A few weeks back, my new ladyfriend Diana and I drove over to Tampa to visit my big brother Peter and his wife Ciria in their new retirement home. A lovely home it was – and in sharp contrast to my home (most days), speckless, tidy and immaculately organized. He’s a little bit country and I’m a little bit rock ‘n roll but one thing we do have in common is a love for art. And knowing what a big art museum nerd I am, he invited us to check out the Dalí Museum in nearby St. Petersburg.
The Dalí Museum celebrates the life and work of Salvador Dalí (1904-1989) and features works from the artist’s entire career. The collection includes over 2,400 works from every moment and in every medium of his artistic activity, including oil paintings, original drawings, book illustrations, artists’ books, prints, sculpture, photos, manuscripts and an extensive archive of documents. It houses one of the most acclaimed collections of a single modern artist in the world.
Who was Salvador Dalí, you ask? Really? Oh, just one of the most famous and influential artists of the twentieth century. That’s all. Born in Figueras, Spain on May 11, 1904, Dalí (with a little help from self-induced hallucinatory states) became the world’s best-known Surrealist artist. His eccentric and ostentatious behavior, public declarations of his genius, and upturned waxed mustache became icons of his brand.
He depicted a dreamworld in which commonplace objects are juxtaposed, deformed, or otherwise metamorphosed in a bizarre and irrational fashion. Dalí portrayed those objects in meticulous, almost painfully realistic detail and usually placed them within bleak sunlit landscapes that were reminiscent of his Catalonian homeland. He died on January 23, 1989 in Figueras.
But let’s get back to the museum that bears his name, yes?
Founded with the works collected by American businessman and philanthropist Albert Reynolds Morse and his wife Eleanor Morse (who bought their first Dalí painting, “Daddy Longlegs of the Evening, Hope!” in 1943), the Museum has made significant additions to its collection over the years, celebrating the life and art of one of the most influential and innovative artists in history.
The Morses first displayed their Dalí paintings in their home, and by the mid-1970s decided to donate their entire collection. The Dalí Museum in St. Petersburg, Florida opened in 1982. The distinguished new building, which opened on January 11, 2011, was designed by architect Yann Weymouth of the global design, architecture, engineering firm HOK.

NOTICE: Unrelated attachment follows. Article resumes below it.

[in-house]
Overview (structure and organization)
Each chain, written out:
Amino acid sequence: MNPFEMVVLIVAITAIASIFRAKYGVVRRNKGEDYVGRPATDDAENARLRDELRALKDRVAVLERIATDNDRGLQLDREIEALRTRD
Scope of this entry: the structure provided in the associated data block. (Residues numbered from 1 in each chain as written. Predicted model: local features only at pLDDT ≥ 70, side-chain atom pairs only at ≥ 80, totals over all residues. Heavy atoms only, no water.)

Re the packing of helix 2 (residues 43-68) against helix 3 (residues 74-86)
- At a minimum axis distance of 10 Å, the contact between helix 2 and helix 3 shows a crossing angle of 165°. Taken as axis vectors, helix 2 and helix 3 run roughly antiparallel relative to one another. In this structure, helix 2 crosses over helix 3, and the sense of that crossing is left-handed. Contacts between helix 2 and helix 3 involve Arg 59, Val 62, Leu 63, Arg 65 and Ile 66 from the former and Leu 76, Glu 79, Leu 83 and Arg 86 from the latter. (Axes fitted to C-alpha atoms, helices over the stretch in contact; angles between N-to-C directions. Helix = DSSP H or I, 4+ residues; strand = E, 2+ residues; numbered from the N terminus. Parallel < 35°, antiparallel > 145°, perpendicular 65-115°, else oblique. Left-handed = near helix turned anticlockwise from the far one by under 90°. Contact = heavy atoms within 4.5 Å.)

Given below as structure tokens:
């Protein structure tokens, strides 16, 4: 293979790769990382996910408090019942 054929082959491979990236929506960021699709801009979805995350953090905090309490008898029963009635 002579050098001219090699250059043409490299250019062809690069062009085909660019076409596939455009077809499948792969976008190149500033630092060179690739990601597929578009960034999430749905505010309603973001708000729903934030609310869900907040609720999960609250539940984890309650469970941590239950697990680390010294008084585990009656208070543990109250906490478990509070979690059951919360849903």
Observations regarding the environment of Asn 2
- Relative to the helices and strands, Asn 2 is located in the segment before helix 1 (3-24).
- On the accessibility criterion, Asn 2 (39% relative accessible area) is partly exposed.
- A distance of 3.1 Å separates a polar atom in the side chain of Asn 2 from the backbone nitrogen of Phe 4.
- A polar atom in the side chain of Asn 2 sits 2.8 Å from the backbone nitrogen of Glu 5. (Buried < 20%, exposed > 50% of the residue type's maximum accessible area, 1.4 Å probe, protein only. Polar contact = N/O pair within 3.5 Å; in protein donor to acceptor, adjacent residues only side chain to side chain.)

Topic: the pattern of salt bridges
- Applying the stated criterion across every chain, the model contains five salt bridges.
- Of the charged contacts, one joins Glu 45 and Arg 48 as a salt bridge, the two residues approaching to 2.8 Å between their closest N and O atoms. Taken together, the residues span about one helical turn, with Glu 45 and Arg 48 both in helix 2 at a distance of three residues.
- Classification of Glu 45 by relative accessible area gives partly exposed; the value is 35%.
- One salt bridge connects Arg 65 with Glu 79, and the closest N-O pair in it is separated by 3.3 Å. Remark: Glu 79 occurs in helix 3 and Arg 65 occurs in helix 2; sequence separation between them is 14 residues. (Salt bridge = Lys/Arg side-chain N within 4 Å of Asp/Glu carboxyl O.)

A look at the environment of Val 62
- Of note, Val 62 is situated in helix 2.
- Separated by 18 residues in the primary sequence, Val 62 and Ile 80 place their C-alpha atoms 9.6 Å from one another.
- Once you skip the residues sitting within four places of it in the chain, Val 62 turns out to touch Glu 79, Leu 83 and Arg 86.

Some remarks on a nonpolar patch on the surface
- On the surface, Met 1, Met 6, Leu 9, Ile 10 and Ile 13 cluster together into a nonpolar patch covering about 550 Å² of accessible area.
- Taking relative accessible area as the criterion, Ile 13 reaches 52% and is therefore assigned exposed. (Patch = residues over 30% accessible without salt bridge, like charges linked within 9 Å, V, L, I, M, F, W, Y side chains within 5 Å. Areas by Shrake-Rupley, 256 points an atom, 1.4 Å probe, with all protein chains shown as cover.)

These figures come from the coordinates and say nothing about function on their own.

The new building combines the rational with the fantastical: a simple rectangle with 18-inch thick hurricane-proof walls out of which erupts a large free-form geodesic glass bubble known as the “enigma”. The Enigma, which is made up of 1,062 triangular pieces of glass, stands 75 feet at its tallest point, a twenty-first century homage to the dome that adorns Dalí’s museum in Spain. Inside, the Museum houses another unique architectural feature – a helical staircase – recalling Dalí’s obsession with spirals and the double helical shape of the DNA molecule.
You can view eight Dalí masterworks in the Museum’s permanent collection using augmented reality (AR) technology to gain a deeper understanding of the meaning behind their complex imagery. To see these works through the lens of AR, you can download the free Dalí Museum App from the App Store (Apple) or Google Play (Android). With the app, visitors see the paintings come to life, highlighting and exploring their complexities. It’s pretty dang cool (here’s an example of what it looks like).
You can even learn how to draw the same way Dalí drew by referring to the instructional video screens (watch Diana give it a go)
To be honest with you, I’ve never been the biggest fan of Salvador Dalí (or surreal art for that matter) but spending several hours perusing his work over several decades gave me a newfound admiration for the flamboyant Spanish artist. As for the rest of the group (all first-timers to the museum), they dug it too. Really dug it.
The Dalí Museum is well worth a visit and one of the most unique art museums I’ve ever visited (and I’ve been to a few!). Tickets start at $29/adult with discounted prices for seniors, teens, and students. Children under five are free. Tell them Dan Perez sent you to receive a free quizzical look.